Ombudsman criticises residence permit delays

17th August 2004, Comments 0 comments

17 August 2004, AMSTERDAM — The Dutch Immigration and Naturalisation Service (IND) is still taking too long to process residence permit applications, the Ombudsman Roel Fernhout has claimed.

17 August 2004

AMSTERDAM — The Dutch Immigration and Naturalisation Service (IND) is still taking too long to process residence permit applications, the Ombudsman Roel Fernhout has claimed.

Fernhout told Radio 1 that he had written to immigration and integration minister Rita Verdonk and sought a meeting with her to discuss the "dubious functioning" of the IND.

Last year he also complained to the minister about delays in dealing with applications for asylum. Back then Verdonk promised to take his recommendations on board.

Responsibility for issuing residence permits was transferred from the Aliens Police to the IND and municipal offices.

But Fernhout claims little has changed in practice in the last 12 months, news agency ANP reported.

Fernhout said he had received numerous complaints about delays in processing applications and the difficulty in contacting the IND by phone.

He also said he was concerned by the way the IND dealt with complaints, he said.

The IND disputes his findings. IND spokesman Martin Bruinsma said it was 'unfair' and 'exaggerated' to suggest there were problems across the board with the IND's operations.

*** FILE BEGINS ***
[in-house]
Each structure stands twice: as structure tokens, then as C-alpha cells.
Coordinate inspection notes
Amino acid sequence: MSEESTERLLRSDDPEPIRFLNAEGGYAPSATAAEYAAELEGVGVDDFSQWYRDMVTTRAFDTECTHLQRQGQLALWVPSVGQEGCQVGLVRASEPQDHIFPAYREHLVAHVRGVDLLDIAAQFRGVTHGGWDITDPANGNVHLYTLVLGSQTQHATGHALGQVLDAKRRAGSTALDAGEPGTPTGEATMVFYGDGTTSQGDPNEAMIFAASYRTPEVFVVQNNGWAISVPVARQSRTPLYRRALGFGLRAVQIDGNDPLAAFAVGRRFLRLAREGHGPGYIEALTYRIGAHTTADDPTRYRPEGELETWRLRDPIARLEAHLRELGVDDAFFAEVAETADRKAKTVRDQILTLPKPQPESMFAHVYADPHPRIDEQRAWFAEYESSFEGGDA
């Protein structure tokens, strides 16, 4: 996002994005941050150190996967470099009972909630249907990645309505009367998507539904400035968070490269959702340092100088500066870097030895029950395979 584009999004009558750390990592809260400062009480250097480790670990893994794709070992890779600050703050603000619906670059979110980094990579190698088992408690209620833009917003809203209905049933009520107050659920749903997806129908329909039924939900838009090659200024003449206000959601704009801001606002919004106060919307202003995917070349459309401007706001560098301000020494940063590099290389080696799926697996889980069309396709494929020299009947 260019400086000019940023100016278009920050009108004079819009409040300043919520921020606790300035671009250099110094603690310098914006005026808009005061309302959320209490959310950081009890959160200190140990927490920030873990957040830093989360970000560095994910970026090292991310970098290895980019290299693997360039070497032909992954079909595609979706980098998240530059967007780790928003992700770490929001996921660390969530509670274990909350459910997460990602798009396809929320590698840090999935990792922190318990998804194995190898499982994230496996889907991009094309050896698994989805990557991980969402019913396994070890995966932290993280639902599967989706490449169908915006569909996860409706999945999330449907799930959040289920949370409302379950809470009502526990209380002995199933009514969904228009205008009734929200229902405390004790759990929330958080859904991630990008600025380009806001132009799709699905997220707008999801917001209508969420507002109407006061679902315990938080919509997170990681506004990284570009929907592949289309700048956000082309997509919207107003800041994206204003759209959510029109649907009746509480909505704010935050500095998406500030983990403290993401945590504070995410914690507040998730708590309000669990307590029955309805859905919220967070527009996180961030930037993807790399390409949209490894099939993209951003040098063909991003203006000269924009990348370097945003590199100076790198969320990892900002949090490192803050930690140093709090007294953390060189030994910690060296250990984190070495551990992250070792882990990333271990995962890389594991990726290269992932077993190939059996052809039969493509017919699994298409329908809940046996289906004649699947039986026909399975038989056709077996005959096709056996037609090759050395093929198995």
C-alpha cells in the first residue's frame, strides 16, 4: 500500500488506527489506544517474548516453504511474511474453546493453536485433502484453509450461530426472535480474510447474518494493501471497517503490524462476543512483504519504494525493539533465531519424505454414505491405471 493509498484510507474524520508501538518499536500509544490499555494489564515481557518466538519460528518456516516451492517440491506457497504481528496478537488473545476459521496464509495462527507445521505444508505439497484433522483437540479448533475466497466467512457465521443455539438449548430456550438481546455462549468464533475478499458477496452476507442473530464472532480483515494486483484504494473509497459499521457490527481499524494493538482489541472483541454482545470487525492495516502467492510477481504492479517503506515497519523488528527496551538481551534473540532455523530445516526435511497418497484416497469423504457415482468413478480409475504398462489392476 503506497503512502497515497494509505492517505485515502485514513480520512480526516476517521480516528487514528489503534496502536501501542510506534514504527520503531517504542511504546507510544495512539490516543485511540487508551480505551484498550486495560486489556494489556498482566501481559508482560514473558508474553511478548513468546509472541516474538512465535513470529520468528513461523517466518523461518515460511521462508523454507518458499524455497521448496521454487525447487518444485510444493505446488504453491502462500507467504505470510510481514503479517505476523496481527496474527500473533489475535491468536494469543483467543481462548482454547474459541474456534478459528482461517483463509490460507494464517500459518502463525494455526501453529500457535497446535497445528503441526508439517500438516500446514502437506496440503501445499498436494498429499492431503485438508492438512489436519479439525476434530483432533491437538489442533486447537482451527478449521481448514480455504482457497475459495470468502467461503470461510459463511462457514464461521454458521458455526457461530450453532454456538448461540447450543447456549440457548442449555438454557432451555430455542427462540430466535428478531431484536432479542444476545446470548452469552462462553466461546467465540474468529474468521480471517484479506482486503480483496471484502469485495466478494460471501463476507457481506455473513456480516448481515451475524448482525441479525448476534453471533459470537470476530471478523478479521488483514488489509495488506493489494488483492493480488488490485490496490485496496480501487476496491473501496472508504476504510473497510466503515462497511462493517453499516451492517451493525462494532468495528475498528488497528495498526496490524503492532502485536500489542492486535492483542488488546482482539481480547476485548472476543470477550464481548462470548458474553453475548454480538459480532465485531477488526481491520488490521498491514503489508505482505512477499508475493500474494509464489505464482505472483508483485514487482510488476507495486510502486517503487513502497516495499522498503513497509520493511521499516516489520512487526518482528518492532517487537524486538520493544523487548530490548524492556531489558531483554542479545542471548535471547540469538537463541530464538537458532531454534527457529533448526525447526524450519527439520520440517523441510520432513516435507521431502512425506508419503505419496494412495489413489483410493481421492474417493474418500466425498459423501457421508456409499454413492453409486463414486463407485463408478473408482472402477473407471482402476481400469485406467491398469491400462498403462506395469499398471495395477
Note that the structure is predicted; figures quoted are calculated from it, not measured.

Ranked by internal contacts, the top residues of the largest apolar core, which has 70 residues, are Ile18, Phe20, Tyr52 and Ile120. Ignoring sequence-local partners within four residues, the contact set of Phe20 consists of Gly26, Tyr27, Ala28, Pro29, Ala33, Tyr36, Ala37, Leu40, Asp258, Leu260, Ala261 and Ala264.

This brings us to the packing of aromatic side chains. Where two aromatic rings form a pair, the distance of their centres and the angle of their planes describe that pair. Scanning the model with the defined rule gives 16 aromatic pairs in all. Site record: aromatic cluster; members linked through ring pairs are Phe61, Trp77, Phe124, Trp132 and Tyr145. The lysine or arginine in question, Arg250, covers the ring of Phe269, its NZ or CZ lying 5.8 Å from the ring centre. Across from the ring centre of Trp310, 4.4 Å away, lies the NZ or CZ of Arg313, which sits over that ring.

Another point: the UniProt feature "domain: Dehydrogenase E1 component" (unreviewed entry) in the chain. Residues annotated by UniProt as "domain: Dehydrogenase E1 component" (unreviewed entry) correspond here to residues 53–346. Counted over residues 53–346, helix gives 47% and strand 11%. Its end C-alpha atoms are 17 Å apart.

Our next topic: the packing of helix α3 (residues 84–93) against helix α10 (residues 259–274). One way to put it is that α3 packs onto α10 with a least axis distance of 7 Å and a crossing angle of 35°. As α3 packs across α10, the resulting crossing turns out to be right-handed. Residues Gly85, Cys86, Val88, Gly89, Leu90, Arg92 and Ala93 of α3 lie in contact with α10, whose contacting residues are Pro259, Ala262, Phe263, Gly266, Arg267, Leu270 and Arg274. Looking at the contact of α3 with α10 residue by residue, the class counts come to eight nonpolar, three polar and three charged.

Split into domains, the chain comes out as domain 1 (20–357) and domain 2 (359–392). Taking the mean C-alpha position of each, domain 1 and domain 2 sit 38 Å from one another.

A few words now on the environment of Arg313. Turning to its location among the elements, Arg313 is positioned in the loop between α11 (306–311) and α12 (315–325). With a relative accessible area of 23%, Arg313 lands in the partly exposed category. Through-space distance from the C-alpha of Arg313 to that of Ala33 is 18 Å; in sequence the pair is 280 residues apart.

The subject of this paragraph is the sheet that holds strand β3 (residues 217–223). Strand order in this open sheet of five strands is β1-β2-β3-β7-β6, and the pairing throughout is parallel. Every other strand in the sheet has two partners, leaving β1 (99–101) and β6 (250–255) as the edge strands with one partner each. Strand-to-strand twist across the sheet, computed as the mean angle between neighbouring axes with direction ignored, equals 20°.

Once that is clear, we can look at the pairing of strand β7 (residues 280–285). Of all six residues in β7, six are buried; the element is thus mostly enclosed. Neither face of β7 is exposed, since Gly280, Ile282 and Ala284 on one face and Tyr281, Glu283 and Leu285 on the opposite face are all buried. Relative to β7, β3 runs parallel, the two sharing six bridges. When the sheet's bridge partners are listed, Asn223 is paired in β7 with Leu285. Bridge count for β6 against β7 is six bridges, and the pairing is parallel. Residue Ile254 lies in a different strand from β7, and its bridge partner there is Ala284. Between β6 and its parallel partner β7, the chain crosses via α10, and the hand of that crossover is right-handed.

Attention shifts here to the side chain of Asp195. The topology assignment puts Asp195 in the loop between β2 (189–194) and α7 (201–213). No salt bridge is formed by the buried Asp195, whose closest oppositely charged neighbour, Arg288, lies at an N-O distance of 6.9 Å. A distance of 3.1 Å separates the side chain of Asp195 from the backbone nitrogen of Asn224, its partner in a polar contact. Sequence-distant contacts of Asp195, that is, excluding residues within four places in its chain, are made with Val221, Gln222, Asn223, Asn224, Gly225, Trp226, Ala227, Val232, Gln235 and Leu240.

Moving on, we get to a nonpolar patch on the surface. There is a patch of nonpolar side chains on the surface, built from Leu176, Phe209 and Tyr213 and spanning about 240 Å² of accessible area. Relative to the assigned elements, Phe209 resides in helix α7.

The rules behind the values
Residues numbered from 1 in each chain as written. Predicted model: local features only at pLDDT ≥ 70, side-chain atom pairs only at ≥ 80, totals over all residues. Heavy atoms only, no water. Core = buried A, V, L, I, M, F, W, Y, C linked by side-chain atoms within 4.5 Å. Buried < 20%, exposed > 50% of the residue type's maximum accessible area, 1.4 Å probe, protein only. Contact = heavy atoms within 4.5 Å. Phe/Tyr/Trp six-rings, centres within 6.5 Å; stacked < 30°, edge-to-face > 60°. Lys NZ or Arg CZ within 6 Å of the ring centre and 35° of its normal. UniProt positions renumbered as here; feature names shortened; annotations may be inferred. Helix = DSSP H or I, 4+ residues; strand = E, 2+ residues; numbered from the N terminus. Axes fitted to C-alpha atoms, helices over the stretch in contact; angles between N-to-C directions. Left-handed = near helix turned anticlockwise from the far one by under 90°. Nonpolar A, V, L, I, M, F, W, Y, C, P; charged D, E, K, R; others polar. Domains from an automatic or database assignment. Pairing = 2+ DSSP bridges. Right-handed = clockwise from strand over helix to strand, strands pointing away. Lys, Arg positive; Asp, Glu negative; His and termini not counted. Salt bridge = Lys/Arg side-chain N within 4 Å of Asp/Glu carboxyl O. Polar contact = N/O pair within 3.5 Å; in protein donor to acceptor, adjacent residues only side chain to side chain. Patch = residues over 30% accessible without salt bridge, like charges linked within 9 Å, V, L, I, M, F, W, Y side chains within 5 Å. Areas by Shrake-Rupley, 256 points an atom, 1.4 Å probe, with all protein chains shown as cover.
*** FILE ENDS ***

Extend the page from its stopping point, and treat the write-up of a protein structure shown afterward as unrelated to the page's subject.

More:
He conceded the IND has had problems in the past but he emphasised good results in recent weeks. "By 6 August the entire backlog of applications had been dealt with," Bruinsma said.

"We had been difficult to contact [by phone] in the past because we took over the complaints as well as the tasks of the Foreign Police. Having hired the services of an external call centre, we are now 100 percent contactable."

Bruinsma said the delays caused when the IND taking over the Aliens Police could not have prevented. Several unexpected problems emerged over the last 12 months, the biggest being difficulties in integrating the two computer systems. The IND is still working to solve that problem.

In his letter to the minister, Fernhout emphasised that foreigners coming to live in the Netherlands were finding themselves in all manners of bureaucratic problems. Many could not prove they were legitimate residents when they tried to deal with the tax office and insurers, the Ombudsman said.

Fernhout said he would conduct an evaluation this autumn into possible negligence in the way people seeking residence permits are treated by the IND.

[Copyright Expatica News 2004]

Subject: Dutch news

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